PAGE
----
Brexit may bring difficult times, says Theresa May. Britain needs to be prepared for some "difficult times" ahead as it leaves the European Union, Prime Minister Theresa May has said.
Speaking to the Andrew Marr Show - in her first major interview since taking office - Mrs May warned Brexit would not be "plain sailing" for the UK. She said formal EU talks will not begin until 2017, but vowed the process would not be "kicked into the long grass". Mrs May also ruled out a snap election, saying the UK needs "stability". Artist reveals the story behind unflattering naked statues of Donald Trump.
The artist who created the naked statues of Donald Trump that popped up in major cities across the country said that when he started the project, he supported the Republican presidential candidate.
The statues, were the brainchild of anarchist collective INDECLINE, who brought on Joshua 'Ginger' Monroe to actually create them because of his expertise in the 'horror' genre. 'The objective was to source an artist who could accurately and skillfully capture both realistic and grotesque human attributes,' said INDECLINE, the self-described 'anonymous activist collective' that assigned Monroe his task in a statement Thursday, DNA Info reported. 'Working exclusively in the 'horror' genre, 'Ginger' maintained a familiarity with creating monsters that translated perfectly when tasked with creating Donald Trump.' INDECLINE, which was founded in 2001, commissioned Monroe back in April to create the five life-size, nude states of Trump for a project called 'The Emperor Has No B***s'.
Loaded: 0% How race and identity became the central dividing line in American politics. In 2016, race and identity has emerged as the central dividing line in American politics.
Though race has always lived close to the surface of politics in the US, it has rarely been so explicitly front and center in political campaigns. So how did this happen? Kim Kardashian attends unveiling of Kanye West's Famous art exhibit in LA. To continue providing news and award winning journalism, we rely on advertising revenue.
To continue reading, please turn off your ad blocker or whitelist us. Kanye West has unveiled his latest art installation which is a recreation of his controversial 'Famous' video. The 'top secret' art exhibition in LA comprises lifelike naked replicas of celebrities which were used in the music video. Likenesses of Taylor Swift, Bill Cosby, George W Bush, Donald Trump, Anna Wintour, Rihanna, Chris Brown, Ray J, Amber Rose and Caitlyn Jenner are seen sleeping together in an oversized bed. One of the first people to peruse the controversial installation was Kanye's wife Kim Kardashian West who arrived at the private Blum and Poe art gallery wwith sister Kendall Jenner. Posting pictures of her wax effigy on Snap Chat she wrote excitedly: "'Heading to a secret art gallery location to view Kanye's Famous Exhibition!!!!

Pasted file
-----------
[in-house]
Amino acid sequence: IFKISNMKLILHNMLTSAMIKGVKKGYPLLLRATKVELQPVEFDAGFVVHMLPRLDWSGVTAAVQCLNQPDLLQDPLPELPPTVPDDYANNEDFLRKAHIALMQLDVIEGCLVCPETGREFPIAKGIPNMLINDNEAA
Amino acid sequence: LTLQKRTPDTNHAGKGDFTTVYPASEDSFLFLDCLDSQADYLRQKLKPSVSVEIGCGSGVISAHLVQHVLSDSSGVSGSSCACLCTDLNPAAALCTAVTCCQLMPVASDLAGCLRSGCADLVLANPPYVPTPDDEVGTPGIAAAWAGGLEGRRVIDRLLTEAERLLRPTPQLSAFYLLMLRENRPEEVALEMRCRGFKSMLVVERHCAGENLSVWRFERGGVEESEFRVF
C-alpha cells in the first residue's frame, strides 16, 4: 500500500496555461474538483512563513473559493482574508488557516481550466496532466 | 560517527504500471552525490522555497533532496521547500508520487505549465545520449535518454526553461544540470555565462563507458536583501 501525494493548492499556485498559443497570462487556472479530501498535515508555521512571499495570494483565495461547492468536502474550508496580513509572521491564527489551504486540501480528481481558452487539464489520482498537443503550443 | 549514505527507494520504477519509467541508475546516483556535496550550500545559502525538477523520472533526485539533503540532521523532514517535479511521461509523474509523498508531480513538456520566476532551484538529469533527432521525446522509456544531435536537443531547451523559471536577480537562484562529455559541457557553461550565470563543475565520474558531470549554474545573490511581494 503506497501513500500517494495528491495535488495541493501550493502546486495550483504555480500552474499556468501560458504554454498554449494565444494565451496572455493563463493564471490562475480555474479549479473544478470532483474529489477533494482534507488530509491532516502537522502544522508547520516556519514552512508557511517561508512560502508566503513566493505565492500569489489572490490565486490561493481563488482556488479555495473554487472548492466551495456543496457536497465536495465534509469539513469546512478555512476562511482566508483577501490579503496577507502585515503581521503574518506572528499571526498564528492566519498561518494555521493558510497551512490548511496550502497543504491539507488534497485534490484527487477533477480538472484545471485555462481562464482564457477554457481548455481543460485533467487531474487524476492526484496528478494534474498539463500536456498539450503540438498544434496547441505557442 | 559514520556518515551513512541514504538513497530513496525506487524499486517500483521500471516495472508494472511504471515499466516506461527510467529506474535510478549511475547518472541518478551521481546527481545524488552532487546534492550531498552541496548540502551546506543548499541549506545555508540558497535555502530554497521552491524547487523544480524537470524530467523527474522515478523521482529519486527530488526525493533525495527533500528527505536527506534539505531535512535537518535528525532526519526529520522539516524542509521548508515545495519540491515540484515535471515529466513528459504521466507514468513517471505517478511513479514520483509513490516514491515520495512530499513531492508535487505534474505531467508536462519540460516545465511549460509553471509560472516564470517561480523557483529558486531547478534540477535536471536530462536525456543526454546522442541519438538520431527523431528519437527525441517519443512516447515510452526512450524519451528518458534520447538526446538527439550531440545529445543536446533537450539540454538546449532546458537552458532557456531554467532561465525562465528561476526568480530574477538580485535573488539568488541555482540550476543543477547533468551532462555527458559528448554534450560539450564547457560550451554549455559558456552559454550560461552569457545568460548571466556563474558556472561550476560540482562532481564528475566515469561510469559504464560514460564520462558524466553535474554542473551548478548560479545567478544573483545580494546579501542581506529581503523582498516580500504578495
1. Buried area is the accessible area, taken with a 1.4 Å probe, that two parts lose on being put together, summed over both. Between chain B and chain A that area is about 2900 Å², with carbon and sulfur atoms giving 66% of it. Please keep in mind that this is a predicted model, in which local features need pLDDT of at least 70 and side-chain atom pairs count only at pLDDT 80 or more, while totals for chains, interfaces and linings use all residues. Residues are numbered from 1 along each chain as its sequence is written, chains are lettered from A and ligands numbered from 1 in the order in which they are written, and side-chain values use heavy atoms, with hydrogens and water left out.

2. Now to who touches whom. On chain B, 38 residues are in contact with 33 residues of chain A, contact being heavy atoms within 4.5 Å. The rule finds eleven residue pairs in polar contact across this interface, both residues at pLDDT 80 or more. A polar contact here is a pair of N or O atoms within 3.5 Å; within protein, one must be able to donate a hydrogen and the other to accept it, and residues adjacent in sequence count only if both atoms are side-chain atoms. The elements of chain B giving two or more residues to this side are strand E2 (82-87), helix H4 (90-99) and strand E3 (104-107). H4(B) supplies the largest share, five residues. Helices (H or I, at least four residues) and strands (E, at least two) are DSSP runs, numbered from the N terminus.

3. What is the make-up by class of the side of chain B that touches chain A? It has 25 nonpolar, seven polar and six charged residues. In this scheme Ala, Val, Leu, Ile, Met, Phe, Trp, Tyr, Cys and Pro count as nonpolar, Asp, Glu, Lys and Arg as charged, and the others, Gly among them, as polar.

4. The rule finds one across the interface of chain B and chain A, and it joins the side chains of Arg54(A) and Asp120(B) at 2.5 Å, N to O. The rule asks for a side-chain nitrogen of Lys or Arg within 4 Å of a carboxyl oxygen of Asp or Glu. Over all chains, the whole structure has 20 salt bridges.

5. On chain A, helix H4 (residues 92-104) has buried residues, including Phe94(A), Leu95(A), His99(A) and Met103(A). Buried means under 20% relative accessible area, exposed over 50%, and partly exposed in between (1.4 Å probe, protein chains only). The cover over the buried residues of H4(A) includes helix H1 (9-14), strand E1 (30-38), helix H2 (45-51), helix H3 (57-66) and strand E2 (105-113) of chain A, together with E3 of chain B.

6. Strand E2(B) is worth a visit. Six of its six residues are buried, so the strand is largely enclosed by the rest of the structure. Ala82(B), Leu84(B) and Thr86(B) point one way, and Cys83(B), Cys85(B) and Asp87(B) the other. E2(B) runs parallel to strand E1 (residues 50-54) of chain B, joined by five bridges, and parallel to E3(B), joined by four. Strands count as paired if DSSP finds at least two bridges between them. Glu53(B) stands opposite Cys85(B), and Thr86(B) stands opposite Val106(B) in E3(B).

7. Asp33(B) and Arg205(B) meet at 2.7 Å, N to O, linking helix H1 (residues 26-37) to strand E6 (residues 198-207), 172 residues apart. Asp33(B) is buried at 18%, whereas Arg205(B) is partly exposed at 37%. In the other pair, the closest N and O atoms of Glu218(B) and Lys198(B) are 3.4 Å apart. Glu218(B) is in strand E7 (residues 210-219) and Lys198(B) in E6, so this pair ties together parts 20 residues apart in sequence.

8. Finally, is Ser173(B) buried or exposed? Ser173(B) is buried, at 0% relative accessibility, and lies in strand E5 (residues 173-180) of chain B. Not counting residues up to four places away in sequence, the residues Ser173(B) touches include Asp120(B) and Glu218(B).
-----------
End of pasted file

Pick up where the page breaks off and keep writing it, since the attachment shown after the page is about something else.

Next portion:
' "Of course I wanted to like the song. "Taylor is furious after seeing Kanye's video. Great Britain's best ever Olympics - Here are the good, bad and ugly. Britain's success in Rio was unprecedented.
The 366-strong squad return with an incredible 67 Olympic medals – two more than they won at London 2012 – and an impressive 27 gold medals. There were champions across 19 sports and Britain finished behind the USA in the medals tally but ahead of China, who have a population of more than 1bn. “These are our greatest Games,” declared Mark England, chef de mission for Team GB. And it was hard to disagree. Everywhere you looked, there were some stunning individual performances from the Brits. Cyclist Jason Kenny drew level with Sir Chris Hoy by winning a sixth gold medal. Within the space of a few hours, Justin Rose, a truly admirable bloke, embraced the Olympic spirit and relished the opportunity to become the first golf champion for 112 years.
There were some wonderful moments of sportsmanship: New Zealander Nikki Hamblin stopped to help the fallen Abbey D’Agostino midway through the 5,000m. We saw exceptional athletic endeavour. The Mad World of Donald Trump - All 4. Clinton v Trump on the economy: speeches underscore competing visions. Hillary Clinton and Donald Trump laid out their competing visions for the US economy in the past week, with varying degrees of detail and some surprising overlap.
But the bulk of each speech was spent on the differences: Trump embraced more tenets of Republican orthodoxy and Clinton made pledges that progressives would be comforted to hear. Tax cuts v the ‘ Buffett rule’ Trump proposed tax cuts for all Americans, though the terms would disproportionately benefit wealthy people. The conservative-leaning Tax Foundation found that tax revenue would fall by $2.4 tn over the first decade, and the top 1% of Americans would make 5.3% more money under the Republican plan, which would consolidate seven tax brackets into three, of 12%, 25% and 33%. Trump’s new plan accepts more common Republican proposals; his old plan would have cut the top rate to 25%.
Clinton, in contrast, has backed an expanded version of a proposal by billionaire investor Warren Buffett to tax the ultrarich. Brexit may bring difficult times, says Theresa May.